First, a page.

Lenovo Yoga Tab 3 review: The media junkie’s tablet

4 Dec 20155 Shares

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Today we take a look at the Lenovo Tab 3, a tablet that promises great performance on a budget, but does it compete with its similarly cheap competitors?

Currys PC World

We’re continuously told these days that tablets are going to go the way of the Microsoft Zune and eventually fizzle out as people realise that their smartphones are increasingly becoming small tablets themselves and performing all the same tasks, or else they want the performance of a desktop computer or laptop.

And yet, we still have tablets being released every month, most notable of late being the rather large iPad Pro with its 12.9in screen, and the ludicrous Samsung Galaxy View tablet with its 18in screen.

So what does the Lenovo Tab 3 (€229.99 from Currys PC World) bring to the table and who is it geared towards? Is it for the business-conscious designer, or a casual tablet for home use?

Design – stands out from the crowd

Straight away you’ll notice that the Android-powered tablet stands out from the hundreds of tablets using the same operating system due to its rather large weighted base or sidebar, depending on where you’re holding it.

Housing its battery, camera and kickstand, you can tell straight off the bat that this is not really expecting to be used as a tablet that you’d want to walk around with for an extended period of time.

That’s not to say you can’t, but the rather slick-looking stand that’s capable of turning 180 degrees is pretty crucial to its functionality.

Whether you want to flick out the stand to watch it like a TV, or hang it from a wall, it will do it.

Lenovo Yoga Tab 3 stand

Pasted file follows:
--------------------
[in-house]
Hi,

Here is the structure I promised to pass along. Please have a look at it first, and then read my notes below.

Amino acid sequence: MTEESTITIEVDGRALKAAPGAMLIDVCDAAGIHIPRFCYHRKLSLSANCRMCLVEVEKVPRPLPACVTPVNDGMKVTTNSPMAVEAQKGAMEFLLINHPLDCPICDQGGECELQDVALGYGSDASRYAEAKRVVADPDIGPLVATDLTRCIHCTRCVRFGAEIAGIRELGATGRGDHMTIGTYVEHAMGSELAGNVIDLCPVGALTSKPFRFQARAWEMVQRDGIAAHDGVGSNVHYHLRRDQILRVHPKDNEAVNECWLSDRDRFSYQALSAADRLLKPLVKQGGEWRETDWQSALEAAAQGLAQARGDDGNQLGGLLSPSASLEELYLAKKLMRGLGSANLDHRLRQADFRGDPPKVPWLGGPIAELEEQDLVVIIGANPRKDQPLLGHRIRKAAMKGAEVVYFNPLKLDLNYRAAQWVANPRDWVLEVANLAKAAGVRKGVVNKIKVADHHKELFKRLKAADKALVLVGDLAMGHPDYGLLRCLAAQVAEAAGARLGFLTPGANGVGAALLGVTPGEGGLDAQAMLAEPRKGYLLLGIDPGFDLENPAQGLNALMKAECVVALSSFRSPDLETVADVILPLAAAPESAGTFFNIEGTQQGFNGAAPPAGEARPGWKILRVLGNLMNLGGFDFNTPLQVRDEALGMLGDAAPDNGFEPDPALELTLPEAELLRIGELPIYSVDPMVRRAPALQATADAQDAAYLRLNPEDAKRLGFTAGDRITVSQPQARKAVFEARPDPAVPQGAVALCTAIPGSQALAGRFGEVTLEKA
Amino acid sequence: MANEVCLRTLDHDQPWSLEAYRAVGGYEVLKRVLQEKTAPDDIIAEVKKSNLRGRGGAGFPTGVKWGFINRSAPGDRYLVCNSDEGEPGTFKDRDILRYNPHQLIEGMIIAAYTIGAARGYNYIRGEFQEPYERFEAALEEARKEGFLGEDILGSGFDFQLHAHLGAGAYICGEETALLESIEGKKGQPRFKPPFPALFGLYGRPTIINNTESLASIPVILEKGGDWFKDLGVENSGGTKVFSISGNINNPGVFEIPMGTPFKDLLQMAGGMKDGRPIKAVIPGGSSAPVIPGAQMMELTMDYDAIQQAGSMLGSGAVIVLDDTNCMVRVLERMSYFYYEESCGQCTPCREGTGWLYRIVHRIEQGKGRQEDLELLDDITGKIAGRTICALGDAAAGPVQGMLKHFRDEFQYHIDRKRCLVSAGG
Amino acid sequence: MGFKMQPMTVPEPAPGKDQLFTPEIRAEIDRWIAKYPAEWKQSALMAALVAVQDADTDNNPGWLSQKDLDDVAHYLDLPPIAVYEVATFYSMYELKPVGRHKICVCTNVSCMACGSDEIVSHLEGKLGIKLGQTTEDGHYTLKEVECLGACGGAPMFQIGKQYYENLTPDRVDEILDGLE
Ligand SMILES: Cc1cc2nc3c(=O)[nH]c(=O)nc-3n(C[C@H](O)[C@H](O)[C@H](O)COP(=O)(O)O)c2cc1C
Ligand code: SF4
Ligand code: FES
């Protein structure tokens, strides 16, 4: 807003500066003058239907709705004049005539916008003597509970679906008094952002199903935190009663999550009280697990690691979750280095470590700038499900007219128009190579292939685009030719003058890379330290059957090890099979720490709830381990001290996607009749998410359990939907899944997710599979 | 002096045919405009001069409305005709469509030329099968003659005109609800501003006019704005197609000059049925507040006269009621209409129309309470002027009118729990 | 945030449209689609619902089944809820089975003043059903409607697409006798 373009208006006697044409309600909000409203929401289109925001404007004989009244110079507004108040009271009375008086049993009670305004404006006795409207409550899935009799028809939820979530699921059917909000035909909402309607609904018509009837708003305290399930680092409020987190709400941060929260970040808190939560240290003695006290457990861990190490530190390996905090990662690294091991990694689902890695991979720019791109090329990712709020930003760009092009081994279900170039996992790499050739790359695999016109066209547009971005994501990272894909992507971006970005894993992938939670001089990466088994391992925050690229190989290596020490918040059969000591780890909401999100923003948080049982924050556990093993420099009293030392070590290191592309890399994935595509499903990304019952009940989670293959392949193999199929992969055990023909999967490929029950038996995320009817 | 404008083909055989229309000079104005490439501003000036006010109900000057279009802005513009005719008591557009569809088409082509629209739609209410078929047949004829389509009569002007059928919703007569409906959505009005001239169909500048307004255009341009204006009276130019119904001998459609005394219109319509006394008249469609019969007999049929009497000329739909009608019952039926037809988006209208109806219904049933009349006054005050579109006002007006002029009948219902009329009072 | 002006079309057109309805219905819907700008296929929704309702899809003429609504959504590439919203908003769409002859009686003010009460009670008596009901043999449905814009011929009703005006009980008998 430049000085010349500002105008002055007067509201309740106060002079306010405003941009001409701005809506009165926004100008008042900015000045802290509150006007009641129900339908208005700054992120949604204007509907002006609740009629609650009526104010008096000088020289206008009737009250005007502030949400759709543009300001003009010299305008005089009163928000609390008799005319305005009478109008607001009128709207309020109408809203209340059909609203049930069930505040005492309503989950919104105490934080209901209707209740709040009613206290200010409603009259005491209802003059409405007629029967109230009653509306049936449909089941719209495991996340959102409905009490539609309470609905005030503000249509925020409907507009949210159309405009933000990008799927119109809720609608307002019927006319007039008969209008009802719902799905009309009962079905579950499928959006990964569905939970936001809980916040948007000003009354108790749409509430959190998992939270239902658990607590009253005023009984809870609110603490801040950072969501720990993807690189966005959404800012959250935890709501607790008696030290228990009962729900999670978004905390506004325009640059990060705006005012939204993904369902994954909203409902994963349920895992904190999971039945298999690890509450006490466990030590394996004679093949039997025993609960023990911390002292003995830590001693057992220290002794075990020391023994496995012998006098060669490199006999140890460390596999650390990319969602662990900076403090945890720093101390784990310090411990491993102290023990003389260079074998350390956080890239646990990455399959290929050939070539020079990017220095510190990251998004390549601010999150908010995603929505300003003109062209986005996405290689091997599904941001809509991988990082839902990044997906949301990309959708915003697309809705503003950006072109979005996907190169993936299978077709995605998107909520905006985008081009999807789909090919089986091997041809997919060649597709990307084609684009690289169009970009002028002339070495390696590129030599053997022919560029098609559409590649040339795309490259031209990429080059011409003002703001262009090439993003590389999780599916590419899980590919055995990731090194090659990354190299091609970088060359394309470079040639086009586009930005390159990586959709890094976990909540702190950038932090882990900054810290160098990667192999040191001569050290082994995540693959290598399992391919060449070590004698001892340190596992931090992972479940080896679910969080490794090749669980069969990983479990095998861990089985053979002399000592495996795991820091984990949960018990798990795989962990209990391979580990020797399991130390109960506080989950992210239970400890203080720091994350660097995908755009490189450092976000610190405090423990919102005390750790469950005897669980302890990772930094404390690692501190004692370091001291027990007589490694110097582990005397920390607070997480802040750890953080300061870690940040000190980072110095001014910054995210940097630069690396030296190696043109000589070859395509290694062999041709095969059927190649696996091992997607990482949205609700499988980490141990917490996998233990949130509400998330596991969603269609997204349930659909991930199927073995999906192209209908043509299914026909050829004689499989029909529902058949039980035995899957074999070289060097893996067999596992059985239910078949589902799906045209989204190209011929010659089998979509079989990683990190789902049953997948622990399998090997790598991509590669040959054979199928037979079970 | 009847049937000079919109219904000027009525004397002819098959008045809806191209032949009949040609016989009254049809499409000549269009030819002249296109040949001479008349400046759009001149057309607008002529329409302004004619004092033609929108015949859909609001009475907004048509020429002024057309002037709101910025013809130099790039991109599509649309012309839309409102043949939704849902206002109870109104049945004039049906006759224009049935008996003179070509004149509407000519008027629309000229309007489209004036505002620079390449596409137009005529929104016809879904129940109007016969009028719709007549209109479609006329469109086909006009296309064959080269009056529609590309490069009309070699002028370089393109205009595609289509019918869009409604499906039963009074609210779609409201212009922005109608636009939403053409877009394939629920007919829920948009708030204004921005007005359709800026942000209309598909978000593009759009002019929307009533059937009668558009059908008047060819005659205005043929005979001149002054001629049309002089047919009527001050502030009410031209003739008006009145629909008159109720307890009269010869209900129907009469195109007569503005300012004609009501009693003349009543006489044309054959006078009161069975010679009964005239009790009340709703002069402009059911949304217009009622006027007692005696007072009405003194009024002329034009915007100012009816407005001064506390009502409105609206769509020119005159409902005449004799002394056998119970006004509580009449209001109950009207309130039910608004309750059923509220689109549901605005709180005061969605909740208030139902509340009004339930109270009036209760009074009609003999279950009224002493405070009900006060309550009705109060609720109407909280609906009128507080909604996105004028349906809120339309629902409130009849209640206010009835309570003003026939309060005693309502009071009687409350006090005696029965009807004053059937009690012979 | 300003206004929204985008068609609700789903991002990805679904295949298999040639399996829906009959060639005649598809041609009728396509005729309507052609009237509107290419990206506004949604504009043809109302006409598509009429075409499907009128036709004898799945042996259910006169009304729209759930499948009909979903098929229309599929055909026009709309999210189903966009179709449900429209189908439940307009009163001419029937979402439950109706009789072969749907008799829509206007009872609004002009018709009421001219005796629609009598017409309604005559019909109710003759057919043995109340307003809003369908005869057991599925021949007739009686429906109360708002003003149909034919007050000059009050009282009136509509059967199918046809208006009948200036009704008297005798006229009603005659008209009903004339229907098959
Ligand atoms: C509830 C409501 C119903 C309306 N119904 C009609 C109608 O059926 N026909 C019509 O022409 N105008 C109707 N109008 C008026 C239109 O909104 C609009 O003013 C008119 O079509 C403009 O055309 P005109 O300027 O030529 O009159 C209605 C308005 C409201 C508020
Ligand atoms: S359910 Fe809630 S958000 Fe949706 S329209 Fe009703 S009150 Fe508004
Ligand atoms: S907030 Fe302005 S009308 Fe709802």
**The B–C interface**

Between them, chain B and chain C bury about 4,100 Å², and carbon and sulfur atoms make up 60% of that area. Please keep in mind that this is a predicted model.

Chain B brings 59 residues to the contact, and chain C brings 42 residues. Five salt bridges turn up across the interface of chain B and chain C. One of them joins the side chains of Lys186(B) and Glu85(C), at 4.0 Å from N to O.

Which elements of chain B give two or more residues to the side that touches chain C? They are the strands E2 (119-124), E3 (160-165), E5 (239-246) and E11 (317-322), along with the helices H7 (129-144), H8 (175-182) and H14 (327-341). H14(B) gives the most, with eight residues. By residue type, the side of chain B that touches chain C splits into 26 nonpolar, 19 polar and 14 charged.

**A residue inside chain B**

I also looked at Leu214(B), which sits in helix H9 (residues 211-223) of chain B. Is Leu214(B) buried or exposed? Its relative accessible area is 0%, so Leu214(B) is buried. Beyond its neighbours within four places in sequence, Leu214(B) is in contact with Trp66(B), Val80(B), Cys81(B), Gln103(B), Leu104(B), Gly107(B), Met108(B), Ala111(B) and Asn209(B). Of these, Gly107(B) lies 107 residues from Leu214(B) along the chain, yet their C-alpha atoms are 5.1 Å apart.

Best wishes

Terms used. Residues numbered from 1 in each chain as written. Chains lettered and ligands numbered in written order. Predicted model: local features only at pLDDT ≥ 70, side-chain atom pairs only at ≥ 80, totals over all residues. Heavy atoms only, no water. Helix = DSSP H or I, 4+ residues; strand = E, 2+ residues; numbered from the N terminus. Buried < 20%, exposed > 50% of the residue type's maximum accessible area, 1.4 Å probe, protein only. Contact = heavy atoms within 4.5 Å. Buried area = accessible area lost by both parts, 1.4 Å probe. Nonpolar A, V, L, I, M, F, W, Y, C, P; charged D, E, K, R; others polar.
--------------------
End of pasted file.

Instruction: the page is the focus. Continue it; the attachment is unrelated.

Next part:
But, using it as a handheld tablet I didn’t really have any problems either, in fact, the stand acts as a nice little bezel to hold it with, rather than putting the palm of your hand on the screen itself or holding it awkwardly.

The flippable 8Mp camera in its base is also well done from a design perspective given that a camera that can do front and rear facing is a lot better than fiddling around with the buttons to change it.

Also in the base/bezel of the Yoga Tab 3 is the speaker system, which kicks out a fair amount of sound, ideal for watching a film or streaming some music.

The screen – sharp and bright

In terms of actually using the Tab 3, it’s pretty much the same as you would expect from a modern Android tablet, well, at least for one that seems to only be getting Android Lollipop at the time of writing.

On the main menu, you have the typical default apps from Google, but also a whole load of ones pre-installed by Lenovo, including one just to explain some of the other apps it’s included, which, safe to say, I quickly hid.

I have to say, the 1280×800 resolution on the screen was pretty damn impressive, with plenty of colour to add to the video content I was watching, which looked great on a 10in screen, and sharp too.

Lenovo Yoga Tab 3 screen

While the bezels are prominent, in my opinion it doesn’t take away from the experience, but I would say that the lack of front-facing camera and sensor means you’ll have to manually change the brightness depending on the setting.